In what should be an interesting debate today at the Aspen Ideas Festival today at 12:20 (eastern) Drug Policy Alliance director Ethan Nadelmann is debating former DEA administrator Asa Hutchinson.Youtube has live stream starting @ 12:20PM (eastern)Having debated Asa numerous times, and having worked with Ethan for twenty years, this is a decidedly unfair debate as Ethan has forgotten more about cannabis policy than Asa will ever know, and Asa brings all of the enthusiasm and intellectual commitment to the debate as a corporate lawyer. His m.o. of parroting DEA-provided talking points is what I find so disappointing ‘debating’ Asa.Having cannabis legalization debated at this venerable Aspen Institute forum is another socio-political ‘tea leaf’ indicative of the mainstream discussion underway to reform cannabis laws.
With tongue firmly planted in her cheek, leading scholar, author and activist for youth drug education, Marsha Rosenbaum, Ph.D, from the Drug Policy Alliance, criticizes DARE’s ineffectiveness and expense for the last thirty years.
‘Just Say No’ Turns 30
Marsha Rosenbaum, Ph.D
If you are under 40, it is very likely that you, like 80 percent of schoolchildren in the U.S., were exposed to Drug Abuse Resistance Education, which celebrates its 30th birthday this month.
D.A.R.E. was created by the Los Angeles Police Department in 1983, following the rise of a conservative parents movement and First Lady Nancy Reagan in need of a cause. The purpose of D.A.R.E. was to teach students about the extreme dangers of drugs by sending friendly police officers into classrooms to help kids resist the temptation to experiment; to stand up in the face of peer pressure; and to “just say no.”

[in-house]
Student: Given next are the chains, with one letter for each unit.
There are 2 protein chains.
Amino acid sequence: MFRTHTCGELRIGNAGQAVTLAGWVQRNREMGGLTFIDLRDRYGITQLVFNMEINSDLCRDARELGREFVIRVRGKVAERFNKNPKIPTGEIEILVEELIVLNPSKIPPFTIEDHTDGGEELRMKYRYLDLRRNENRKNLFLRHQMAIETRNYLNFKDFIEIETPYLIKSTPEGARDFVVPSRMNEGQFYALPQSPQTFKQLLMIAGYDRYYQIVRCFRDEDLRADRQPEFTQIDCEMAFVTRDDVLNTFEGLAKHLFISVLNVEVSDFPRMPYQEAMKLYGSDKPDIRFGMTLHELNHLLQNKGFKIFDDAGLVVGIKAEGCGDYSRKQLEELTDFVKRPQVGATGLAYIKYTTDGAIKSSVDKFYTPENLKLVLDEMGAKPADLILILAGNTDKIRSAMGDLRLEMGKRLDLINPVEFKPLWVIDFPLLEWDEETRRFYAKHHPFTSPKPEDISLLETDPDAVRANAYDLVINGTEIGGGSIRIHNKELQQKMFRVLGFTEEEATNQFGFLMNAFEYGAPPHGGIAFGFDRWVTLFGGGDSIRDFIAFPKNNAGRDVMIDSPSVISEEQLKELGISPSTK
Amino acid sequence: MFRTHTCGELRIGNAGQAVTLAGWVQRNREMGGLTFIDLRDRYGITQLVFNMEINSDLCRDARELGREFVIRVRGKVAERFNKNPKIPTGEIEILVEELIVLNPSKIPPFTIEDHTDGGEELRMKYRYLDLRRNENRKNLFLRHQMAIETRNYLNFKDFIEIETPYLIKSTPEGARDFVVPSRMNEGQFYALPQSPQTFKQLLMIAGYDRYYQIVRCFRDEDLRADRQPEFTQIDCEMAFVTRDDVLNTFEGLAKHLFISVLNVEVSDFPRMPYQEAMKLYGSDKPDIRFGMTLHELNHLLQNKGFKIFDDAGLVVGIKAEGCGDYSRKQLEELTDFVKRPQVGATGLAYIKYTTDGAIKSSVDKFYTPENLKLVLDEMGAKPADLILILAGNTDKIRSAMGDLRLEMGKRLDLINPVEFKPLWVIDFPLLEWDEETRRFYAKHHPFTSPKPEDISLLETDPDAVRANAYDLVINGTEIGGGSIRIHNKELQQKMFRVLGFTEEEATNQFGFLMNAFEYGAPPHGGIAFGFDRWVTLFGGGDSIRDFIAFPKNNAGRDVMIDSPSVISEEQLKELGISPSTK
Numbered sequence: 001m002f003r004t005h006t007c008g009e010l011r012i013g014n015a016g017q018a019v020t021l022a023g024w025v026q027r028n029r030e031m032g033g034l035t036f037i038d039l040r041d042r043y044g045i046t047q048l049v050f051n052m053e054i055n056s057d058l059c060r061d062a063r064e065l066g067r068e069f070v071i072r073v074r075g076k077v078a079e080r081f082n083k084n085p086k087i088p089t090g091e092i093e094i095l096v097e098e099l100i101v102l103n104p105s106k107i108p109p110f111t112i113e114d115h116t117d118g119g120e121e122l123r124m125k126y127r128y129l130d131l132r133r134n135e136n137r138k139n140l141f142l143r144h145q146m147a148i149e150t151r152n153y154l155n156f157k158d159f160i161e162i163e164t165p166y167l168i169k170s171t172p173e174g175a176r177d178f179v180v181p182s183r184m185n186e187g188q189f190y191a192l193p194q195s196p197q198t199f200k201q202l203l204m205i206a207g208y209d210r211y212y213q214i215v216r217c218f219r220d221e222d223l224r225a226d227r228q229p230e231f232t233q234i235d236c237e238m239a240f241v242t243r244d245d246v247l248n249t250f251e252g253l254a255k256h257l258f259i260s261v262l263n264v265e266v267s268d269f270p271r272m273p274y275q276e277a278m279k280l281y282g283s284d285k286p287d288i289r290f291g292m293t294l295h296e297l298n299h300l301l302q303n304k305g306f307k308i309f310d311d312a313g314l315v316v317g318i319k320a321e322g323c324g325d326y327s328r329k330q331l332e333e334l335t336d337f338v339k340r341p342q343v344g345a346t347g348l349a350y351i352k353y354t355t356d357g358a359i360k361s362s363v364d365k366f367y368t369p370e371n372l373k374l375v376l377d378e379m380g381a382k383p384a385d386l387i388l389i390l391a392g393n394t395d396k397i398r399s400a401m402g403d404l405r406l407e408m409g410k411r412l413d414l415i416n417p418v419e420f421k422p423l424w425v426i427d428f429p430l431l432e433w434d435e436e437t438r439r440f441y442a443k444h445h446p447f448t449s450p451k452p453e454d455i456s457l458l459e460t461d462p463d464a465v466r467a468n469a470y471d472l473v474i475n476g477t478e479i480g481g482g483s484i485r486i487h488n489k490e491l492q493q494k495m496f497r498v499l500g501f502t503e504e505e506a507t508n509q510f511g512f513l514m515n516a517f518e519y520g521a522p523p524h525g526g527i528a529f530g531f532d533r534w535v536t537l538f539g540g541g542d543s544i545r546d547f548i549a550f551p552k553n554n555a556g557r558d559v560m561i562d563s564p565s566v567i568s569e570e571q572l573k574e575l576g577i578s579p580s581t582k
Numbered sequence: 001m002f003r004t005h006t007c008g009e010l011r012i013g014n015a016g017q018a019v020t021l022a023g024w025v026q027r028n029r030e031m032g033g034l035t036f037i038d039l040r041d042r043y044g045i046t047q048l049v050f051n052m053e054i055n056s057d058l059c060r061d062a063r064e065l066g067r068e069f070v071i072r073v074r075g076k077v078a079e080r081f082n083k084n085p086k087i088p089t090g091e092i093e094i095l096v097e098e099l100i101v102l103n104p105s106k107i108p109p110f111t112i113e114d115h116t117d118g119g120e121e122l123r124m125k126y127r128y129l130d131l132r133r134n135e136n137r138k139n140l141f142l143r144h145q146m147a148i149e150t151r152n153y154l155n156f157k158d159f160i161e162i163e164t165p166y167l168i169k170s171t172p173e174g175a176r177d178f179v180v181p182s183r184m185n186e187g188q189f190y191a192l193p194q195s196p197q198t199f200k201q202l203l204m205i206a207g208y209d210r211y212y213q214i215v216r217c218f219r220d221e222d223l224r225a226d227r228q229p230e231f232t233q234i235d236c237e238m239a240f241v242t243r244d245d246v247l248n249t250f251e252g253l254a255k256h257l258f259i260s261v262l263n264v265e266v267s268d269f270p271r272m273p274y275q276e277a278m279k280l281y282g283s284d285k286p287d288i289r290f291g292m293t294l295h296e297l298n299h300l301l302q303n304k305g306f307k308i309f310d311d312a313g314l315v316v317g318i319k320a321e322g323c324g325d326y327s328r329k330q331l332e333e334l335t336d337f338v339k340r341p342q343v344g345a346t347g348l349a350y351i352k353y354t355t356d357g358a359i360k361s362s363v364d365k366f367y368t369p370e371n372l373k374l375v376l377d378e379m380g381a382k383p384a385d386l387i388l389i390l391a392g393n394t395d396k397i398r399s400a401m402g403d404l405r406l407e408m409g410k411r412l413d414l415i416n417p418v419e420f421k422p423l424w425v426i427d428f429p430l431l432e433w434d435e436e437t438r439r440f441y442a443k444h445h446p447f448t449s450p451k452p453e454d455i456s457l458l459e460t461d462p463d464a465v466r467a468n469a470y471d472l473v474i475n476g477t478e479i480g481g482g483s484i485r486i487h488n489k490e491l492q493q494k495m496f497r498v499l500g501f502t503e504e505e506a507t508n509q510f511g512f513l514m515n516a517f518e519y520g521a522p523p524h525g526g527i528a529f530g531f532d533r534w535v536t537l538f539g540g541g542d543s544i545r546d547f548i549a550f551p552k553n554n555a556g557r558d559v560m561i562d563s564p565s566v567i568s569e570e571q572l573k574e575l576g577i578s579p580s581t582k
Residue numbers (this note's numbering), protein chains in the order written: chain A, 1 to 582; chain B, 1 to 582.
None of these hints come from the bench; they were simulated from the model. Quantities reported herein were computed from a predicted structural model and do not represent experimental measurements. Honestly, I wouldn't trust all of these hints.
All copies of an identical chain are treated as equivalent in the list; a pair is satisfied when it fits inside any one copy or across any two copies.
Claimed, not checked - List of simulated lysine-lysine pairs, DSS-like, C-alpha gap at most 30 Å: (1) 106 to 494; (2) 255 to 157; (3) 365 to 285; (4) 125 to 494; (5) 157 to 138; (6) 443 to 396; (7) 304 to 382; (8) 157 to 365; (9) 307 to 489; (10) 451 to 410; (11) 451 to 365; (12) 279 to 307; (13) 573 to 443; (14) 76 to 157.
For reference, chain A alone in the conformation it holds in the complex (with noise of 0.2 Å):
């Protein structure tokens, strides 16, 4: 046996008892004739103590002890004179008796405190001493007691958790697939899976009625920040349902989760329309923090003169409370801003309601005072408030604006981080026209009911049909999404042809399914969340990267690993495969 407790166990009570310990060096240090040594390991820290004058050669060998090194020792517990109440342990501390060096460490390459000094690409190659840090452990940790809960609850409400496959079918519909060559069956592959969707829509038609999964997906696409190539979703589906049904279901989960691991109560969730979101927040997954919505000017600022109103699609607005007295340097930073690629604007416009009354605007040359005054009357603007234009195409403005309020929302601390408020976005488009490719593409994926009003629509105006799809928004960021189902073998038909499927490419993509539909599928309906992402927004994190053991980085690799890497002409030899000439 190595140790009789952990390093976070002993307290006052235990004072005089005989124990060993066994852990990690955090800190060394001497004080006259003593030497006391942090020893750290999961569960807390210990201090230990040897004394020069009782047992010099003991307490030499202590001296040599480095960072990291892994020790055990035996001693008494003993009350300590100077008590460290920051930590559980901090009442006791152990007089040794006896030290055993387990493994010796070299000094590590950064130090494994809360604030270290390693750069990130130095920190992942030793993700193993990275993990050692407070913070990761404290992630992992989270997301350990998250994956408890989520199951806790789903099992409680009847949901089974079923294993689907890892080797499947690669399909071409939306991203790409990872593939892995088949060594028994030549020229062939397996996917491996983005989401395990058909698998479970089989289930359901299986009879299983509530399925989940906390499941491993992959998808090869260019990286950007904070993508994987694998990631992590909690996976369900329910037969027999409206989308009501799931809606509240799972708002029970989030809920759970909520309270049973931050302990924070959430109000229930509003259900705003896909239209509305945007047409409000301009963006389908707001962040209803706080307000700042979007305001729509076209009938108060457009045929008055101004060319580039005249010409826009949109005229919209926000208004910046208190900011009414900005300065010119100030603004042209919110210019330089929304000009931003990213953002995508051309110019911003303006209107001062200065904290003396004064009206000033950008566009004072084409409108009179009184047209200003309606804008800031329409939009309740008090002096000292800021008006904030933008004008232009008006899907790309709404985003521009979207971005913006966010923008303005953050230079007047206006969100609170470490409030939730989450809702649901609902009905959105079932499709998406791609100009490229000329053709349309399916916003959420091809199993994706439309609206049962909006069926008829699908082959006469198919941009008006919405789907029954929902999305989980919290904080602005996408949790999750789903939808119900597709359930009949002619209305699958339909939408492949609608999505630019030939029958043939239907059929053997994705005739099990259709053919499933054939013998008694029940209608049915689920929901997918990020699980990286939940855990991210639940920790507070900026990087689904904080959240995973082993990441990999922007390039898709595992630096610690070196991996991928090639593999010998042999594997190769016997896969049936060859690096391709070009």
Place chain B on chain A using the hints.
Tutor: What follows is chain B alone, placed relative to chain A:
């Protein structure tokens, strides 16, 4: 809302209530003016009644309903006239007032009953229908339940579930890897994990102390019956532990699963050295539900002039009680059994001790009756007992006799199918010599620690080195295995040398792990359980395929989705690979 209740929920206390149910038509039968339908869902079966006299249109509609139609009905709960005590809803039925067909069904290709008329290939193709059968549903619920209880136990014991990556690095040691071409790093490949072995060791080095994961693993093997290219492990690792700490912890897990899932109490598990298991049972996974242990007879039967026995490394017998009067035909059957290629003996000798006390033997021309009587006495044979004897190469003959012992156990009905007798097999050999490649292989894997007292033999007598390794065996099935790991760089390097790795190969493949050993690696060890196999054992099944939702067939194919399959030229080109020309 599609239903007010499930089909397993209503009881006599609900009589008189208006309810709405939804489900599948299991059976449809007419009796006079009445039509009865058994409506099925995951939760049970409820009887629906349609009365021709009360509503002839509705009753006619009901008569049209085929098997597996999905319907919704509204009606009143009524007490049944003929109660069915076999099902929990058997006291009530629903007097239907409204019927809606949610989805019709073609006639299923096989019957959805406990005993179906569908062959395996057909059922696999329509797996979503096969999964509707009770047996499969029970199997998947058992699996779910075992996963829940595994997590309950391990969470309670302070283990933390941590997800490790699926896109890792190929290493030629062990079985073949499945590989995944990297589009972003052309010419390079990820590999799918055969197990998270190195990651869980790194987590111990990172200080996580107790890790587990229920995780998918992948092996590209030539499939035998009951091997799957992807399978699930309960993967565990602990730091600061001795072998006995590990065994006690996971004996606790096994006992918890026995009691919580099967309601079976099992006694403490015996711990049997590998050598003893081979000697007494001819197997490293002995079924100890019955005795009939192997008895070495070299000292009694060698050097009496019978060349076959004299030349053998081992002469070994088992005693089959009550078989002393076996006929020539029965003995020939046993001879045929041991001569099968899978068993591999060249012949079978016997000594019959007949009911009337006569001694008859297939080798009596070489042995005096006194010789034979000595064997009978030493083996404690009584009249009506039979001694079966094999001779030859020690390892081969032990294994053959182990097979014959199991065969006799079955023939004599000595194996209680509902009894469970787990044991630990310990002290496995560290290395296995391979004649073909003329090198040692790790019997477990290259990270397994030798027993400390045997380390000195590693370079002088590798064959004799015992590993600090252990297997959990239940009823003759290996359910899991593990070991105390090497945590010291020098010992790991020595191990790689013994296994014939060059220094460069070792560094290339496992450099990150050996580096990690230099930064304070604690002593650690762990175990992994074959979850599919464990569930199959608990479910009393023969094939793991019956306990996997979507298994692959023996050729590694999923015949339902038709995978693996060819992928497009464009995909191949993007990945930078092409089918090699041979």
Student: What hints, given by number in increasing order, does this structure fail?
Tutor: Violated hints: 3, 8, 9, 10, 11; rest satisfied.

Because of its widespread use in elementary schools all across America (and in over 40 countries around the world), D.A.R.E .was evaluated extensively. The reviews consistently showed that while students enjoyed interacting with police (especially examining the sample cases of drugs used for show and tell), and may have been initially deterred, effects were short lived. In fact, by the time D.A.R.E. graduates reached their late teens and early 20s, many had forgotten what they had learned or rejected the exaggerated messages they’d heard. And by 2001, D.A.R.E. was deemed by none other than the United States Surgeon General, “an ineffective primary prevention program,” and lost 80 percent of its federal funding shortly thereafter.
Yet D.A.R.E .has kept going — trying to keep up with the times, at least rhetorically, with its new “Keepin’ it Real” curriculum. Last fall, I read with keen interest that the program in Washington State had been notified by national D.A.R.E., its oversight agency, that the subject of marijuana would be dropped from the curriculum.